3.2% payment increase is not enough, American Hospital Association says |  Healthcare Finance NewsSource: Healthcare Finance, by Jeff Lagasse

The American Hospital Association has urged the Centers for Medicare and Medicaid Services to extend enforcement discretion for the No Surprises Act regulatory requirement that healthcare providers exchange certain information to create a good faith estimate for uninsured and self-pay patients – until the agency identifies, and providers can implement, a standard, automated way to exchange the information.

“In the interim final rule implementing this policy, CMS notes that it is exercising enforcement discretion until Jan. 1, 2023, as it may take time for providers and facilities to ‘develop systems and processes for receiving and providing the required information,’” AHA wrote. “We agree that developing and implementing the solution will take time and cannot be achieved efficiently without additional guidance from CMS that identifies a standard technical solution that can be implemented by all providers.”

One of the main concerns from the AHA is that there are currently no methods for unaffiliated providers to share or receive good faith estimates with a convening provider or facility in an automated manner. To share this information, billing systems would need to be able to request and transmit billing rates, discounts and other necessary information for the good faith estimates between providers/facilities.

This is not something that practice management systems can generally do, said the AHA, since billing information is traditionally sent to health insurers and clearinghouses, not other providers.

“Due to the lack of currently available automated solutions, this process would require a significant manual effort by providers, which would undoubtedly result in the convening provider being unable to meet the short statutory timeframes for delivering good faith estimates to the patients and could also lead to inadvertent errors,” the AHA wrote.

AHA requested an extension in enforcement discretion until a technical solution has been found and implemented.

WHAT’S THE IMPACT

Without an automated standard, the AHA said, providers would need to determine individually how to transmit the information. That in turn could lead to variance throughout the industry, especially considering differences in size and technical sophistication among co-providers and facilities. Navigating a non-standardized process, the AHA contended, would increase administrative burden on providers.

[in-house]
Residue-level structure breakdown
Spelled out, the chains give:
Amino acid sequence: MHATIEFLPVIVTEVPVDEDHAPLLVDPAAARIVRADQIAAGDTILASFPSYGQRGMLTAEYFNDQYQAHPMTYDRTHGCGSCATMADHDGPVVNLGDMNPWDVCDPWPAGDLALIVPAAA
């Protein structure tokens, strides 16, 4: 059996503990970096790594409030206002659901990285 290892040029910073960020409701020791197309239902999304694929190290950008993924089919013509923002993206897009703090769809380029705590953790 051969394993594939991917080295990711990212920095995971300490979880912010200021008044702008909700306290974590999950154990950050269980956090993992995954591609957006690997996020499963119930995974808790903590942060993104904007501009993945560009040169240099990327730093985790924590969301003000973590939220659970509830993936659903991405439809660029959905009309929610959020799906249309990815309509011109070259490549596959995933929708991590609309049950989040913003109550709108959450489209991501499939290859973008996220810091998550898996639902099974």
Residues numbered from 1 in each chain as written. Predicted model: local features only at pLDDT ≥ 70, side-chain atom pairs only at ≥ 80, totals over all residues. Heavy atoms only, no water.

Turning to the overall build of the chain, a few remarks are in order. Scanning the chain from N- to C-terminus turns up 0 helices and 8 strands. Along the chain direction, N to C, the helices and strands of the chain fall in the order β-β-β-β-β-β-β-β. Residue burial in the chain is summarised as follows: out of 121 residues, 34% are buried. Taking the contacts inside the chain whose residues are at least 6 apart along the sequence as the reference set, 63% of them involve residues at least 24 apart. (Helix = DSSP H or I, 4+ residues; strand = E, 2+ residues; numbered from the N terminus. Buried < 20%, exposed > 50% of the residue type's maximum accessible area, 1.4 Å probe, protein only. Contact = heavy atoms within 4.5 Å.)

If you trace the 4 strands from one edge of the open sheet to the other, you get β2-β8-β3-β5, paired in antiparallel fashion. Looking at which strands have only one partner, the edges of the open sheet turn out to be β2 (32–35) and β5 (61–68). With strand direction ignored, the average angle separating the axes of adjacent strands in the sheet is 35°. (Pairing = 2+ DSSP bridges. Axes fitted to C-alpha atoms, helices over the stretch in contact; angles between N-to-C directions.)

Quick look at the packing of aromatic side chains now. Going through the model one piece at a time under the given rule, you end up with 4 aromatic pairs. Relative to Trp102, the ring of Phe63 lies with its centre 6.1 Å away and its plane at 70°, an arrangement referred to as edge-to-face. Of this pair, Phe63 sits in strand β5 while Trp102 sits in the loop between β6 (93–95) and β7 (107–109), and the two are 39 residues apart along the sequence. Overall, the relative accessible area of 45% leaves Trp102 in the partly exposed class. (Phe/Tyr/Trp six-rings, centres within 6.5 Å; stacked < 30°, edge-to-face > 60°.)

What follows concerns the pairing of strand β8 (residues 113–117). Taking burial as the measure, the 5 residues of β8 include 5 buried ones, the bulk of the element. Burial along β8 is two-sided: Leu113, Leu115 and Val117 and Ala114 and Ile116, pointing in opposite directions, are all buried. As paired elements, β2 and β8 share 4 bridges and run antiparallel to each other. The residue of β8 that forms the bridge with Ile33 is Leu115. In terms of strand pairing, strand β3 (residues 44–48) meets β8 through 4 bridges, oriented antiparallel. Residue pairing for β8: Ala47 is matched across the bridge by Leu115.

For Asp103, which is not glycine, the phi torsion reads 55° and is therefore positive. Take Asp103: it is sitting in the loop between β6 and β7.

To help work toward a standard solution, The AHA said it’s partnering with the American Medical Association, the Medical Group Management Association and HL7 to create a workgroup to discuss potential technical solutions for sharing and receiving critical information among providers. The group will consist of providers and vendors with knowledge of provider systems.

THE LARGER TREND

In December 2021, the American Hospital Association, American Medical Association and other provider organizations sued the Department of Health and Human Services and other federal agencies over implementation of the No Surprise Act. The groups are not against the legislation, they said in the lawsuit filed in federal court but take issue with how HHS implemented a dispute resolution process in the bill.

The No Surprises Act prevented 2 million surprise bills for the commercially insured, according to a survey by AHIP and the Blue Cross Blue Shield Association released in May. The analysis further showed that, if the trend continues, more than 12 million surprise bills would be avoided in 2022.

U.S. Hospitals Struggle to Absorb Pandemic-Era Rising Costs

Fitch: COVID-19 resurgence threatens nonprofit hospitals' margins, credit  ratings | Fierce HealthcareSource: Bloomberg, by Carey Goldberg

U.S. hospitals are struggling to absorb rising costs for labor, drugs and supplies as the pandemic drags on, the American Hospital Association said Monday in a report.

Labor costs per patient jumped by 19% in 2021 from 2019, and supplies rose by over 20% per patient during that period, according to the report. Nursing expenses shifted heavily toward travel nurses. The travelers’ share of nursing budgets rose to 39% in 2022 from 5% in 2019.

The federal government has allotted more than $170 billion to help hospitals through the pandemic, but many say they are still losing money, especially after the omicron wave earlier this year. HCA Healthcare Inc. cut its annual adjusted earnings forecast on Friday amid higher labor costs, sending shares 22% lower.

 

“The dramatic rise in costs of labor, drugs, supplies and equipment continue to put enormous pressure on our ability to provide care to our patients and communities,” AHA Chief Executive Officer Rick Pollack said in the statement. The association represents nearly 5,000 hospitals nationwide.

In Massachusetts, the state hospital association on Monday detailed its own financial woes, reporting that in January and February, as omicron hit, hospitals lost $430 million overall, despite federal relief money.

In January, 42 of 47 hospitals surveyed lost money and February was almost as bad, the Massachusetts Health and Hospital Association reported.  Governor Charlie Baker is proposing an additional injection of $250 million in federal money for distressed hospitals.

Last Updated 06/29/2022